Every home exchanges air with the outside at a rate that is hard to imagine. I don't know what you have, but a typical home will replace all of its inside air every one to two hours. leaky homes are worse and a tight home will take three hours. If a home is tight enough to require 4 hours, it is too tight and will need an air exchange system installed.

Air ducts can be part of the problem, especially when they are outside the building envelope, like the attic. Sealing and extra insulation on the ducts up there could reduce the ac run time which is removing moisture. Also reduce the electric bills.

I have a link from efficiency Vermont that details a lot of hidden air leaks. Basically, unless the builder went crazy sealing everything during construction, which only the latest homes do, all hones look like swiss cheese. Electrical, plumbing, vents, and so on all allow air to move freely through walls and eventually to the outside. Here's the link, it opens slow but is good.

http://www.efficiencyvermont.com/ste...ide_062507.pdf

Bud
 
  #15  
Old 05-18-11, 09:44 AM
B
Member
Thread Starter
Join Date: Apr 2004
Location: Florida
Posts: 310
Received 1 Vote on 1 Post
Air ducts can be part of the problem, especially when they are outside the building envelope, like the attic. Sealing and extra insulation on the ducts up there could reduce the ac run time which is removing moisture. Also reduce the electric bills.

Is it practical to seal the ducts myself or would you recommend hiring a pro? Do they have a way to locate any leaks? From what I can see all my ductwork is of the flexible variety. Might the leaks be in the duct itself or primarily where they are joined together?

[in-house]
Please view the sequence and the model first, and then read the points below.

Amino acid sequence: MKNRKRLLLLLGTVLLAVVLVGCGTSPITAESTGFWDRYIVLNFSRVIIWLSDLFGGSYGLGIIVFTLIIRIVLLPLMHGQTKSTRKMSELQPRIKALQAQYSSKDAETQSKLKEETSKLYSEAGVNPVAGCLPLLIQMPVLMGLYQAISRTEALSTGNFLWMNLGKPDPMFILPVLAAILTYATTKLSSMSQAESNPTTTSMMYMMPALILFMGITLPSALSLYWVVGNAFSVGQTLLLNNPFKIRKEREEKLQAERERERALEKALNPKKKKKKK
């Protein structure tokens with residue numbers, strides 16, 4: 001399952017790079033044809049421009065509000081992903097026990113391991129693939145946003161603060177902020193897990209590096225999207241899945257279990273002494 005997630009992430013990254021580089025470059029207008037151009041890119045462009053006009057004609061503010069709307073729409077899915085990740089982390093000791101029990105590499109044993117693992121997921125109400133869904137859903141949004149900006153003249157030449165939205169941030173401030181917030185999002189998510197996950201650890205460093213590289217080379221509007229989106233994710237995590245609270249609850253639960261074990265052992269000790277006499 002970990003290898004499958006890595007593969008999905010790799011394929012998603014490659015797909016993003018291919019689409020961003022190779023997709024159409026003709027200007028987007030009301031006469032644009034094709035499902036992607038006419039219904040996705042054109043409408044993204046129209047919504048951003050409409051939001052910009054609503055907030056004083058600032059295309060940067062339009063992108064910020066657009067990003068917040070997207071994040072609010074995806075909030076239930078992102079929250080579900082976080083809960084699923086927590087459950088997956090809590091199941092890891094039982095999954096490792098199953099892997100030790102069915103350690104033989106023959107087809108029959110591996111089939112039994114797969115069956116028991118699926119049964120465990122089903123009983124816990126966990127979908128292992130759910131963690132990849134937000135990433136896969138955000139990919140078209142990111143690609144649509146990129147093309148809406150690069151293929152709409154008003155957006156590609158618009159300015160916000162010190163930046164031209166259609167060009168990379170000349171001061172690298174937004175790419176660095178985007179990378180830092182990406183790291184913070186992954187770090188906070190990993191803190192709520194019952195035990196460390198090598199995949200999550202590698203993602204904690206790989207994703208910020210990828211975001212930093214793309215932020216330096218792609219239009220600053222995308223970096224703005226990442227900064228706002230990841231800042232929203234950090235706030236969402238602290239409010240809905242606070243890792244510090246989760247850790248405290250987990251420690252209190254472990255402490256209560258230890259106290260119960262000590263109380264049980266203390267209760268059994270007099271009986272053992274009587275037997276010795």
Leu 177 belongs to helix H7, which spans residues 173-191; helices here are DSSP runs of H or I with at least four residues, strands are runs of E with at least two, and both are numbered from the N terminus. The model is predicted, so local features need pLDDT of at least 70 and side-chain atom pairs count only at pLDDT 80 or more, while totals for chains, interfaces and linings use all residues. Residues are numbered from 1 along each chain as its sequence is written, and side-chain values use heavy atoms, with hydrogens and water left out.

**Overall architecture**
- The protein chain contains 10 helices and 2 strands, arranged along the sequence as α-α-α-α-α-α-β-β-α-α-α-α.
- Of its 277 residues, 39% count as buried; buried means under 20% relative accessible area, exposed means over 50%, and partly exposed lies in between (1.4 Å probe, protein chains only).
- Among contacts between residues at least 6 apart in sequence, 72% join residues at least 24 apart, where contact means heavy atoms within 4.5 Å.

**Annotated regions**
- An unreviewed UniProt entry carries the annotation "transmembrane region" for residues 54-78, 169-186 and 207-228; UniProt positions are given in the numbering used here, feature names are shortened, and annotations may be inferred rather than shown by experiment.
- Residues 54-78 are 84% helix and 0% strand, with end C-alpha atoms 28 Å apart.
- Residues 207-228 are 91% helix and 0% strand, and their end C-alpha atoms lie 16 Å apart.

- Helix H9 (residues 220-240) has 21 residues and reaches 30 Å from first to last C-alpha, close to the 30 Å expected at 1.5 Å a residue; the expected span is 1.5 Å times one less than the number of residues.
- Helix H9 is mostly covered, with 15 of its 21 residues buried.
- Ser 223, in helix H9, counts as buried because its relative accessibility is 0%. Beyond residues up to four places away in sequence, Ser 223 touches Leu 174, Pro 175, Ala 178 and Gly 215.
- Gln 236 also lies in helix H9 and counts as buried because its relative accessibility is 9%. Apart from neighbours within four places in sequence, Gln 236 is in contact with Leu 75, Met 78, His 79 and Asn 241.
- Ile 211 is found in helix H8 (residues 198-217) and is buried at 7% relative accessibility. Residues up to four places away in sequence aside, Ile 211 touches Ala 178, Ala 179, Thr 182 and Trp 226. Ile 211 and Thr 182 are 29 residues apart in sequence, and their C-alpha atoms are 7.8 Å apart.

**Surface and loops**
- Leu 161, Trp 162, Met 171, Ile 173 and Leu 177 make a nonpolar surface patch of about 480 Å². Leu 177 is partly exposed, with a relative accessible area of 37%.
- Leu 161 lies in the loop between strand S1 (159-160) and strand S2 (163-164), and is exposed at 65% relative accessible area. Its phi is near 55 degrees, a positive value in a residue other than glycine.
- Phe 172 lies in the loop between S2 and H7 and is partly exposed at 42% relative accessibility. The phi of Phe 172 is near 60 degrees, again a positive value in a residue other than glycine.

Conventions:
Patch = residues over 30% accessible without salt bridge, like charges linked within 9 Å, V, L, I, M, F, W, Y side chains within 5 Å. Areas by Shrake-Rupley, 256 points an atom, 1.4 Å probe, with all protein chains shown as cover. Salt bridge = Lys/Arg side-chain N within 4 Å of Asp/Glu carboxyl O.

By the way, the link you provided is excellent but doesn't address leaking flexible ductwork in the attic area. It certainly is great for new construction though....
 
  #16  
Old 05-18-11, 11:18 AM
B
Member
Join Date: Oct 2008
Location: New England
Posts: 10,524
Received 37 Votes on 34 Posts
Leaks associated with flex ducts will usually be at the ends as you suspect. It's possible that there are holes elsewhere, but I haven't run into any. Flex ducts are not the best for insulation with many being just R-6 or so and with moving air inside, the heat loss or gain is high.

Does your home have a basement or crawl space? The moving force for air leakage is a pressure difference. It occurs with warm air escaping high (called stack effect) and replacement air entering low. It also occurs with any imbalance within your forced air system. If a room has a supply duct and no return, then there will be a higher pressure in that room, assuming the door is closed. That increase in pressure forces air under walls, out electrical boxes, and through all of the leaks around windows. Once any air escapes to the attic or outside, there will be a negative pressure somewhere looking to pull in the replacement air to keep the volume inside the home constant.

Wind is another contributor to the air exchange problem as it exploits any and all seams, gaps, and holes throughout the house.